His finger landed upon a faded red book, the gilded lettering on its spine tarnished almost black. He tugged at the book gently, but it didn’t budge. A fake. Surely part of a panel.

“Very eager,” he whispered. “Randyl, I just recalled something I wish to show you. But first, fetch Wexler, if you would be so kind. I wish to finish a short passage and then I’ll meet you in the central library downstairs. I believe you’ll both be rather surprised.”

Randyl peered at the man suspiciously for a moment, then smiled. “Very well, Bridry. You’ve always been one for surprises. I wonder what you’ve cooked up this time.” The young noble smiled and bowed his head before leaving the chamber to search down his mentor, Artys Wexler, House Lhyvreyn’s Minister of Security.

Bridry waited a few seconds to be sure Randyl was gone, then went and peered into the carpeted hall. No one to be seen. He shut the heavy iron door with a ka-chunk, latched it shut, and then plucked a gilt pocket watch from his woolen vest. He flipped it open and peered at the golden hands—little more than an hour before dusk. He still had some time, but couldn’t afford another distraction.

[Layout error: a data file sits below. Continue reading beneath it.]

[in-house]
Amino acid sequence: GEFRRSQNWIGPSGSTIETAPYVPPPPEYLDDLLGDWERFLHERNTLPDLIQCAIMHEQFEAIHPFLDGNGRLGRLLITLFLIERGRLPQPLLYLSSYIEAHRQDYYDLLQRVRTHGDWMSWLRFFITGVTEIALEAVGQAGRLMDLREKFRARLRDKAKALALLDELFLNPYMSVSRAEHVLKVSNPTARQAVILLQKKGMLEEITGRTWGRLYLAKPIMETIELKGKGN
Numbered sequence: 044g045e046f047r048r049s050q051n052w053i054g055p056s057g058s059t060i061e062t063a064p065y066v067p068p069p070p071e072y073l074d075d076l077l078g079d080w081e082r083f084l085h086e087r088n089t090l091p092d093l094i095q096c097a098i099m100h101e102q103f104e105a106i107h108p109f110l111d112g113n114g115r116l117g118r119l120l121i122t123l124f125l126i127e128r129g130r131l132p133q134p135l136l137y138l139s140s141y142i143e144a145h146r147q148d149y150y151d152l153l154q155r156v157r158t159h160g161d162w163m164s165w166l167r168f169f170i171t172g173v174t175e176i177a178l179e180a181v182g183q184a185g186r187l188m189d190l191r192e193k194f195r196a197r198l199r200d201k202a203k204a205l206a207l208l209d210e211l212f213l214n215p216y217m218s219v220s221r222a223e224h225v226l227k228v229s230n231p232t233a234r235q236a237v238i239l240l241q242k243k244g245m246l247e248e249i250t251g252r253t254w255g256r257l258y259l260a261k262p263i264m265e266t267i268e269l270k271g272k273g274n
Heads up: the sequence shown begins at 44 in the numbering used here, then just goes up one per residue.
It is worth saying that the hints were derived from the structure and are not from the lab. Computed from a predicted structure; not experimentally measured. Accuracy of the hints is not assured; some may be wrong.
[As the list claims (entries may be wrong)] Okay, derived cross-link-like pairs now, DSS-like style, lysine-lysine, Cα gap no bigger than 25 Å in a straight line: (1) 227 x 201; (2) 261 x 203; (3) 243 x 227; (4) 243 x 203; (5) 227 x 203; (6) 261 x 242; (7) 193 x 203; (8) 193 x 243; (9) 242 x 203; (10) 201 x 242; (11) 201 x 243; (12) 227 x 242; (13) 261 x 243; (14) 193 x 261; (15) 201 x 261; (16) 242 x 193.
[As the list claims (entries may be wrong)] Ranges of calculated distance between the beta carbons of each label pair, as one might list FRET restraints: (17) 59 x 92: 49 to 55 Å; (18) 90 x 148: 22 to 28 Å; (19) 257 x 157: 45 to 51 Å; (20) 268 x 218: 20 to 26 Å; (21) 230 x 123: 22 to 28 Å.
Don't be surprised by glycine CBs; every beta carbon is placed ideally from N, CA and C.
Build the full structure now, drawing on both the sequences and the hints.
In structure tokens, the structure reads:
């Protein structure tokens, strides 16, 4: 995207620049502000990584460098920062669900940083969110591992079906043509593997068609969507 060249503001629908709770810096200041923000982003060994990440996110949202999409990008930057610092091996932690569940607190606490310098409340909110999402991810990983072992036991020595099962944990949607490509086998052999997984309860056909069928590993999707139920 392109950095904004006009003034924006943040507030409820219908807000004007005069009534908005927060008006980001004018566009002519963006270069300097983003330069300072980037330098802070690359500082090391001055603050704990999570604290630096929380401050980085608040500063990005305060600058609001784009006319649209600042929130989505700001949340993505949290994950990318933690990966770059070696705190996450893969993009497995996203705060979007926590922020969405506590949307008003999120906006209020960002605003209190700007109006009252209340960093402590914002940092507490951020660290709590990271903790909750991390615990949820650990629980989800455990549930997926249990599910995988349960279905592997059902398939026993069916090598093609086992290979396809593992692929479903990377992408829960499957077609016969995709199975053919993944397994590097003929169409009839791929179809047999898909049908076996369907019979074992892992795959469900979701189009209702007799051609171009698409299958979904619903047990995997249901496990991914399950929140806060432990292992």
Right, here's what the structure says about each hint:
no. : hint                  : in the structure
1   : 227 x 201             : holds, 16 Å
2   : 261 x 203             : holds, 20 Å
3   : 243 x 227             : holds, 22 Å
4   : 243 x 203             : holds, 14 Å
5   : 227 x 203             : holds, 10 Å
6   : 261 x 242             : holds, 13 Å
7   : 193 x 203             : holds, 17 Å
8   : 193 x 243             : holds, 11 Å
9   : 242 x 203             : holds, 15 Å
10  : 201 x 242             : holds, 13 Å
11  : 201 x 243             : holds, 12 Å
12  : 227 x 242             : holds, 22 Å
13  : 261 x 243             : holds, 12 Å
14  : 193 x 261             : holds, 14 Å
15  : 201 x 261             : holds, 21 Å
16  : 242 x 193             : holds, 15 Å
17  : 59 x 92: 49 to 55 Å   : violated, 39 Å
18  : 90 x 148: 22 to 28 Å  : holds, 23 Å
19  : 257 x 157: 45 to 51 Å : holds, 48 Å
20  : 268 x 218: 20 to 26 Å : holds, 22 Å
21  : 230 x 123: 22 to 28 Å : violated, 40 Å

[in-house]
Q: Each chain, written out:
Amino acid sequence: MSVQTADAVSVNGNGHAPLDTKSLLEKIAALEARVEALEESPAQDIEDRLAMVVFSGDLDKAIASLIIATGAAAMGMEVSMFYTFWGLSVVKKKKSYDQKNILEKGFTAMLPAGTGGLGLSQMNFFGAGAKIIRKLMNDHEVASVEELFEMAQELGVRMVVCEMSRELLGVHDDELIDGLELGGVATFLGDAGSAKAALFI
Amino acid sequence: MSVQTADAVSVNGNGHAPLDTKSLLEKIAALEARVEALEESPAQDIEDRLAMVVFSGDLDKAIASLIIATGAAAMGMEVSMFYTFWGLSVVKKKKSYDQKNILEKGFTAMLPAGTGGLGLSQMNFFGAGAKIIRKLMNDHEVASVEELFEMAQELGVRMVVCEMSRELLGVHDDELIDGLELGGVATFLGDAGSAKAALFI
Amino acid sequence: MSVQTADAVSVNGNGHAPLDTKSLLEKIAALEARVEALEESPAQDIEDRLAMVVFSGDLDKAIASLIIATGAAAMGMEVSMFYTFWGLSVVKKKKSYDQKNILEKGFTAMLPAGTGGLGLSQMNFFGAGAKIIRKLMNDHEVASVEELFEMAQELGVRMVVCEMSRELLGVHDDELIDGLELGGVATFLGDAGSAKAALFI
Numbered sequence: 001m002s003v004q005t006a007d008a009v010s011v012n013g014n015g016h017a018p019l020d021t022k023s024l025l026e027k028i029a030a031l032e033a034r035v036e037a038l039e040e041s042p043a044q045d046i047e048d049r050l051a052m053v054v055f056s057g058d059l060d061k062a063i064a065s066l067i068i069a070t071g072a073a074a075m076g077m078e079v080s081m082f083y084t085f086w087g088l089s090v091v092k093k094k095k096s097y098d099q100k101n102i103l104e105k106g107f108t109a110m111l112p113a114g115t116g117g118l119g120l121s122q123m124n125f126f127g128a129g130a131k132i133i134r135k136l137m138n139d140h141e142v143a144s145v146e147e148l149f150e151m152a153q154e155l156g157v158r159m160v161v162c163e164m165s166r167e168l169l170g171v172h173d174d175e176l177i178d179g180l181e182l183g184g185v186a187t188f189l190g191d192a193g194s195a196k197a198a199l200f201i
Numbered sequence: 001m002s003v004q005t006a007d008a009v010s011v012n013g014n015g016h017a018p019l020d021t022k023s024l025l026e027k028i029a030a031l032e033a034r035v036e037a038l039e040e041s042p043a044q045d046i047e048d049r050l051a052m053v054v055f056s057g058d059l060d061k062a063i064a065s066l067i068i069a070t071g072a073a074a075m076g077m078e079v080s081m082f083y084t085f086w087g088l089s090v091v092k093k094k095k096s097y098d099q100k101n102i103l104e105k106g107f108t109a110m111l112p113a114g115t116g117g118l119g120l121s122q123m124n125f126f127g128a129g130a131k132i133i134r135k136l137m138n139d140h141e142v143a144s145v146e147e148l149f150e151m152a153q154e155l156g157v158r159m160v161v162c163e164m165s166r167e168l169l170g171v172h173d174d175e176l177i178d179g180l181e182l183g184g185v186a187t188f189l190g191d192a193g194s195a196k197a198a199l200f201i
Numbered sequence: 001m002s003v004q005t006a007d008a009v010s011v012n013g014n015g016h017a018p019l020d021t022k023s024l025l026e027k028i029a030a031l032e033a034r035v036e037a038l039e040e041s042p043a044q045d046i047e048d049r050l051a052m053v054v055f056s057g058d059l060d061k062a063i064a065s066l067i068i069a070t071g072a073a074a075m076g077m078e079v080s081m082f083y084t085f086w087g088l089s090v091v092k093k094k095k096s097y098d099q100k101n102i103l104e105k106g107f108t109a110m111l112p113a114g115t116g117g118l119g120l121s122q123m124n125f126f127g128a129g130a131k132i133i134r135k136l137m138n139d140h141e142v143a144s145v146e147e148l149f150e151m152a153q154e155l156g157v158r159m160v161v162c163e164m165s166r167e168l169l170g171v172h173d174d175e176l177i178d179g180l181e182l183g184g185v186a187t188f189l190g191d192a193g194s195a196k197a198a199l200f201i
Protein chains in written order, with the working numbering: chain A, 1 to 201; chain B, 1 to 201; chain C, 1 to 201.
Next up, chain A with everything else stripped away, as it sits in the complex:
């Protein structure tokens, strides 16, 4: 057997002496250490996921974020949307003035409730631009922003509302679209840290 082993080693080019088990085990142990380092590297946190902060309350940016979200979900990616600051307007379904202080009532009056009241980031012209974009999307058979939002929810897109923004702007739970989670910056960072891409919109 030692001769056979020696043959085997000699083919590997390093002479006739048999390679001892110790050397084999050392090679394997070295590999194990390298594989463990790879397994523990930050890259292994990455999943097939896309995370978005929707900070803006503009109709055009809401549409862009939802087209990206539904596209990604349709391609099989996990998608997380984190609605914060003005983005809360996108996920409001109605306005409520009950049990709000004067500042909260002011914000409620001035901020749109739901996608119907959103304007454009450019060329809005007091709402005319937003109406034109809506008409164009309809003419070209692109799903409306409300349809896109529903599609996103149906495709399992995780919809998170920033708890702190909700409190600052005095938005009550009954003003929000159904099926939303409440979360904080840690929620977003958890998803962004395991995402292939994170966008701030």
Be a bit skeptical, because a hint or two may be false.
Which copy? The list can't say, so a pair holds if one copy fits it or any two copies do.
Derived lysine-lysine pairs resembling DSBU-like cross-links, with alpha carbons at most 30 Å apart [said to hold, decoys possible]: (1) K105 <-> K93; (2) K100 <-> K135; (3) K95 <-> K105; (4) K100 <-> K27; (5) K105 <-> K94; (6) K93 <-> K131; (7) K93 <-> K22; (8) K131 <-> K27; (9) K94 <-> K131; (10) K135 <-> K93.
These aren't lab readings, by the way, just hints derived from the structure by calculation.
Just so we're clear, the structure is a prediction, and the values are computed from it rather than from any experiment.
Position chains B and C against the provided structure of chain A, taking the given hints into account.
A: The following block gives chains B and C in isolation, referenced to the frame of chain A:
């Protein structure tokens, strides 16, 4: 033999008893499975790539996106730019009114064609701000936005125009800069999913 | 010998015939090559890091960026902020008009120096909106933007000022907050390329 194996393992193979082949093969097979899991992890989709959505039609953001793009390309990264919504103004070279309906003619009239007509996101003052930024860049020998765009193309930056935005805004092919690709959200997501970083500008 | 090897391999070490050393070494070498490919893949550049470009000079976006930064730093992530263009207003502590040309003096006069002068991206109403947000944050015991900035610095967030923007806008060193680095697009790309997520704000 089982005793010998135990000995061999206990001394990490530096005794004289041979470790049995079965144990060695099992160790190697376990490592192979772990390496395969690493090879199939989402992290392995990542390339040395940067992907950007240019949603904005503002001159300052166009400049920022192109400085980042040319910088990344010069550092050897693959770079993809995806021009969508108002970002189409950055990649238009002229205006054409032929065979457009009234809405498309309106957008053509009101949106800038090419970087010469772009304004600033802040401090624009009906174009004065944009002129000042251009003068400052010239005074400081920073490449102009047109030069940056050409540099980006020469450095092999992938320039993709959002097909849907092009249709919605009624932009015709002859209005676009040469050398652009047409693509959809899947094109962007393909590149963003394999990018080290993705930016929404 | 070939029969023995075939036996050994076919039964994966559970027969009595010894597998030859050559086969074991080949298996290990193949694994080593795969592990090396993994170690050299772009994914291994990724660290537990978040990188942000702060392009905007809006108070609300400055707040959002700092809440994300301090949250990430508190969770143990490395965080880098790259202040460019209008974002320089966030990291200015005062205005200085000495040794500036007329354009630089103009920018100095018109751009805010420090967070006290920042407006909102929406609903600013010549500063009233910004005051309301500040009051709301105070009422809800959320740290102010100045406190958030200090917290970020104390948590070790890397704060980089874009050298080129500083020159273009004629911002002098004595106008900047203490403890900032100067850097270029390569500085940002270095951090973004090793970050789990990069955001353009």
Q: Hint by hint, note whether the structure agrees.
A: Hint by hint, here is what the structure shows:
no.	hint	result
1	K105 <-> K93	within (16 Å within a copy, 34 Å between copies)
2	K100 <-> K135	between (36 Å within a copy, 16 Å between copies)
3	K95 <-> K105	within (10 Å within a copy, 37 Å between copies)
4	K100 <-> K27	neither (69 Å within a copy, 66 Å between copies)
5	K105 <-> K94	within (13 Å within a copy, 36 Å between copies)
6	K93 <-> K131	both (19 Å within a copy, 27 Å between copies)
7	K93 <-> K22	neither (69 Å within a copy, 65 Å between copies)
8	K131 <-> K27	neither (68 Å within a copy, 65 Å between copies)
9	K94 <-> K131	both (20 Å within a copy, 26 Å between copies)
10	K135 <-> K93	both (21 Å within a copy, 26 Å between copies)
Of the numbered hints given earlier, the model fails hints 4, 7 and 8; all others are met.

Bridry tucked the watch back into its pocket and looked toward the false panel. The old man moved quickly, slipping his belt around to reveal a flat slipcase of tools formerly tucked against the small of his back. Bridry made quick work of the panel, and moments later stood in the center of the room, holding in his hands a packet of papers sealed by an ornate signet—the very same signet now resting comfortably in his trousers pocket.

“Oh, you’ll be surprised, young Randyl,” he said toward the door where the young noble had stood just moments ago. Bridry’s voice was suddenly deep and sure now, quite unlike the parched croaking of the elderly emissary. It was the voice of master spy, Armand Rhywyn.

Armand walked across the room, his stride solid, no longer betraying any hint of age, and snatched a leather satchel from underneath an Iosan imitation settee. It contained a house guard’s uniform of House Lhyvreyn and some other accessories. The spy pulled out the uniform and placed the packet of papers into the satchel, then stepped around a corner and began removing his disguise in order to replace it with that of the house guard.

“The Council of Nobles doesn’t take kindly to the ordnance they’ve commissioned being sold under their noses to Khadoran expansionists,” Armand’s deep voice whispered. “So when they see these ledgers with Lhyvreyn’s seal, I imagine they’ll haul old Goddard before the court in a day or two,” the spy peeled a strip of flesh-colored wax from one side of his face, revealing a smoothly shaven, sharp jaw line. “Surprise is the just the first thing you deceitful bastards will be feeling then, I promise you that!”